The reason that that European butter is so good is not necessarily because it’s unsalted, as I once thought, or that the cows are special, which I’m sure they are, or that they eat special European grasses, which I’m sure they do, but that European butter has a higher butterfat content than our commercial butter generally does. By law our American butter must be at least 80% butterfat and so is usually just barely over that. In Europe the percentage is more like 85 or 86. Also, for more flavor many European butters are cultured, tweaked for more flavor by churning the cream more slowly and for longer and sometimes adding cultures and/or lactic acid.

Butter is what’s good about so many things, from simple lusty garlic bread to snails steamy with shallots, garlic, parsley and brandy. What’s skate?, what’s brains?, without brown butter, a butter cooked until its milk solids turn a toasty nutty brown. Its cousin black butter is a very dark brown, not black. The paler milder beurre blanc (white butter) is an emulsion of butter with wine or vinegar, and bercy butter has shallot, white wine, bone marrow, parsley and lemon juice. Then there’s lemony Hollandaise. A popular French technique chefs love is to “mount” a sauce with butter by finishing it with a flourish of butter at the end to add gloss, body and flavor.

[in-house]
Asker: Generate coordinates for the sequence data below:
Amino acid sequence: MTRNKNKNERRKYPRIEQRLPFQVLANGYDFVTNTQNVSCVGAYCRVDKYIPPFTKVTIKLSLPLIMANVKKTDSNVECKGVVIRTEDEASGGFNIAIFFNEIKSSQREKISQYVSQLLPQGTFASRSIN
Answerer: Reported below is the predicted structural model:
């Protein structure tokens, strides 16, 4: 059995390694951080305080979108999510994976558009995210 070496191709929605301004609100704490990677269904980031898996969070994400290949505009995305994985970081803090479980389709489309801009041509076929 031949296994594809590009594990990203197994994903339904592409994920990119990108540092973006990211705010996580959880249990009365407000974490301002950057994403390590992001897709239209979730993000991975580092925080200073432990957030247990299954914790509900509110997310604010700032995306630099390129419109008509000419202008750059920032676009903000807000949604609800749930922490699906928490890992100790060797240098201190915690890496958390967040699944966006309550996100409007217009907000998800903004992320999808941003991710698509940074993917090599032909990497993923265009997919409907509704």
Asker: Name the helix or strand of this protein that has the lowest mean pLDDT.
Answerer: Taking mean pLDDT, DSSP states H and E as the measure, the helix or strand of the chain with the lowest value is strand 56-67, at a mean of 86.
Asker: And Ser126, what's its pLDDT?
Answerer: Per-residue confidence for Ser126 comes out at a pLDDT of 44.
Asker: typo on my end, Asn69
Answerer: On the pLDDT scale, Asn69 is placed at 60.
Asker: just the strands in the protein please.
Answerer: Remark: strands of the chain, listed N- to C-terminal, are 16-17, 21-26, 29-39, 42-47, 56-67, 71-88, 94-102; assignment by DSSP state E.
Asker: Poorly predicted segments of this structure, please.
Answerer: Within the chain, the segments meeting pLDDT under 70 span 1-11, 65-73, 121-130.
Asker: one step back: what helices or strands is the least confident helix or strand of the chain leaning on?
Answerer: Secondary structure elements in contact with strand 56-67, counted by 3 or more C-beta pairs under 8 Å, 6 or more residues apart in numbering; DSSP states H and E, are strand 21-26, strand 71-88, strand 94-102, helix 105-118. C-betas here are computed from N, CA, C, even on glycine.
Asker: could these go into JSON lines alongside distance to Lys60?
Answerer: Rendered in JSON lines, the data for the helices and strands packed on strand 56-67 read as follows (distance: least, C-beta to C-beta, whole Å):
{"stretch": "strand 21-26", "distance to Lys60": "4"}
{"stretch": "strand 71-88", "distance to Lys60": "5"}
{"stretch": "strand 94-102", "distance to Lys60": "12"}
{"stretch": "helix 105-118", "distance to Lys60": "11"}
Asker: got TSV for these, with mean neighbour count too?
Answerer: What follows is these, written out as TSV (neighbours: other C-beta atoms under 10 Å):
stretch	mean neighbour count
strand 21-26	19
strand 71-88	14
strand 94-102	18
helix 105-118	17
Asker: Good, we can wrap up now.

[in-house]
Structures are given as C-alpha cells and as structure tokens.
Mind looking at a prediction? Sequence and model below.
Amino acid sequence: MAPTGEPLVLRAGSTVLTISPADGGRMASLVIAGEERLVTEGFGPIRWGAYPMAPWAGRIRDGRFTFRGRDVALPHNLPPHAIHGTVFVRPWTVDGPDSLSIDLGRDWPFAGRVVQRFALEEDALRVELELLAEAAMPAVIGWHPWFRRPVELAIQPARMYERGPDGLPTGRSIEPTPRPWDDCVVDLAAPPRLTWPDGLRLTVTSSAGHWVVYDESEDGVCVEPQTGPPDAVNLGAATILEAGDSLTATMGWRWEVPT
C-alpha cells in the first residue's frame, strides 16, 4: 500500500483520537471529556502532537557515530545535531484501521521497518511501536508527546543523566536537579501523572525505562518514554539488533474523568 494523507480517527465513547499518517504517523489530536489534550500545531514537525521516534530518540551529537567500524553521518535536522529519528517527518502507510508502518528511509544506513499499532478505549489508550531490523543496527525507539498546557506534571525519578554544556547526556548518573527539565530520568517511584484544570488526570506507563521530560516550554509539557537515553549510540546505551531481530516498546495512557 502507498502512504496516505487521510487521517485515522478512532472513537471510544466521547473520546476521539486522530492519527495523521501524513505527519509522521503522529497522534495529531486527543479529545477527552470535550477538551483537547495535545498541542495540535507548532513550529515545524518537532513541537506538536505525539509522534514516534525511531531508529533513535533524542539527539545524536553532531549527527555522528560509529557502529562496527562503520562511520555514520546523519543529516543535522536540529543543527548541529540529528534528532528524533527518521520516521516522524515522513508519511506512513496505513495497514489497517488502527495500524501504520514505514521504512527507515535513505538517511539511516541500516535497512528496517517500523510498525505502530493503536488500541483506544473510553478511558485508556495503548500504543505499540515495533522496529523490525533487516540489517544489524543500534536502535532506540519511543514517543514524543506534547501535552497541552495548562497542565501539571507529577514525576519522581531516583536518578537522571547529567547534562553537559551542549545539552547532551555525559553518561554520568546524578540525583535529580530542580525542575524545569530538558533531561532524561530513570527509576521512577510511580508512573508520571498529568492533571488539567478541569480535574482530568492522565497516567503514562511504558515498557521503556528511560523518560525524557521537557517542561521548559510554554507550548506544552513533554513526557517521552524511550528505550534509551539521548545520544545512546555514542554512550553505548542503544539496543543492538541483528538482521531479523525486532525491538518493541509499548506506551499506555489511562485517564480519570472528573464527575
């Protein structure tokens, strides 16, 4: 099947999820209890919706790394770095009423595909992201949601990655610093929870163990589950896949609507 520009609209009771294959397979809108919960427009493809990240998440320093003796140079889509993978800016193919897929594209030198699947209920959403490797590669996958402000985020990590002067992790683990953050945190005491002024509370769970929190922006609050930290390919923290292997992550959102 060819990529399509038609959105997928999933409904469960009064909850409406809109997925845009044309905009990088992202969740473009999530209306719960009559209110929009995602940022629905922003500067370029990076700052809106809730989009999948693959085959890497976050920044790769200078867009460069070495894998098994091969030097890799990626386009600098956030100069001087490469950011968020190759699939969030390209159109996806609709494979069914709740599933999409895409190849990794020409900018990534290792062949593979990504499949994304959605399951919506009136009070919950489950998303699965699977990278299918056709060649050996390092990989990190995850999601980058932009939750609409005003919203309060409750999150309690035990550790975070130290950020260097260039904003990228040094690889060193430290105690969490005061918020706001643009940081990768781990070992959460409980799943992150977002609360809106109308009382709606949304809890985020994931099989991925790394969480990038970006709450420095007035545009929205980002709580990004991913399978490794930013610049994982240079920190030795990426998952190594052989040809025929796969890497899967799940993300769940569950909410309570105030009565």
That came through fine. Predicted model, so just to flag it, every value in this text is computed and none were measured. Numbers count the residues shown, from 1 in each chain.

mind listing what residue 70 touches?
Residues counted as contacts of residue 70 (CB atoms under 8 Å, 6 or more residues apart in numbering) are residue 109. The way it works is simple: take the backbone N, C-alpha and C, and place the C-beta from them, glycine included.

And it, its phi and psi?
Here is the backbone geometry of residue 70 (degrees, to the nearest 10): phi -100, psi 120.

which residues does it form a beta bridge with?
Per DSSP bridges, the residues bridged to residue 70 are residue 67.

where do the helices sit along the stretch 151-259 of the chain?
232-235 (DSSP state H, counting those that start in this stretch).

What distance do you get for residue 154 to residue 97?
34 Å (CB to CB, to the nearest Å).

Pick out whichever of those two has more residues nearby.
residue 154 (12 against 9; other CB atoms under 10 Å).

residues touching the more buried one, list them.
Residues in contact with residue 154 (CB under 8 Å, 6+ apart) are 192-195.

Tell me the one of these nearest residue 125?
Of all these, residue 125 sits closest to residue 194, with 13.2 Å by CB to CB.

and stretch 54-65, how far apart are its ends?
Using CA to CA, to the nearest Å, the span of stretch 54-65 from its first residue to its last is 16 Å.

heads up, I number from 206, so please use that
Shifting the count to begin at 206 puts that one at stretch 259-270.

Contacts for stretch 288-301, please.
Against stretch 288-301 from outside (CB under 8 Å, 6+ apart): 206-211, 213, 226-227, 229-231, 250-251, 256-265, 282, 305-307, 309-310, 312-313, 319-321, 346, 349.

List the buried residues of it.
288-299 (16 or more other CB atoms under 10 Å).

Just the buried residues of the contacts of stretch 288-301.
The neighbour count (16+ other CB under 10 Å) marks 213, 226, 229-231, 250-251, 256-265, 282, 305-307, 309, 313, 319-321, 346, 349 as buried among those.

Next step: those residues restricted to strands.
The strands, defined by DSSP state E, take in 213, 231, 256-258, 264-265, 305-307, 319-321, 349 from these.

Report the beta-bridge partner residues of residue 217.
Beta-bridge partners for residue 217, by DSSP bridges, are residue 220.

More simply, a pat of butter is the only way to scramble an egg, as far as I’m concerned.

And then there’s butter rum flavor and butter pecan ice cream. Butter in piecrust makes for best flavor but a less flaky crust than lard or shortening. It’s essential for the best cookies and cakes. There’s hot buttered popcorn that smells like the movies, whether you’re there or not, and homemade bread fresh from the oven slathered with butter. “Good bread is the most fundamentally satisfying of all foods; and good bread with fresh butter, the greatest of feasts,” said the late James Beard.

There are luscious compound butters spiked with herbs to dot on plain grilled meats or fish, or Indian butter chicken with ginger, garlic and spice. Niter kibbeh is an Ethiopian clarified spiced butter just as good on potatoes or rice as on the spicy exotic Ethiopian dishes that I love to cook. Smen is an aged Moroccan version.

Larousse Gastronomique suggests coating butter balls in breadcrumbs and deep-frying them to accompany poached fish. The equally decadent Italian-American Alfredo sauce is made merely of sick amounts of butter with cream and cheese. I’ll pass on that one. Recipes for mashed potatoes call for obscene amounts of butter, too, like two sticks to a pound of spuds or some such, a philosophy I don’t subscribe to, spiking mine with olive oil often, and using only a tablespoon or two of butter unless it’s a holiday.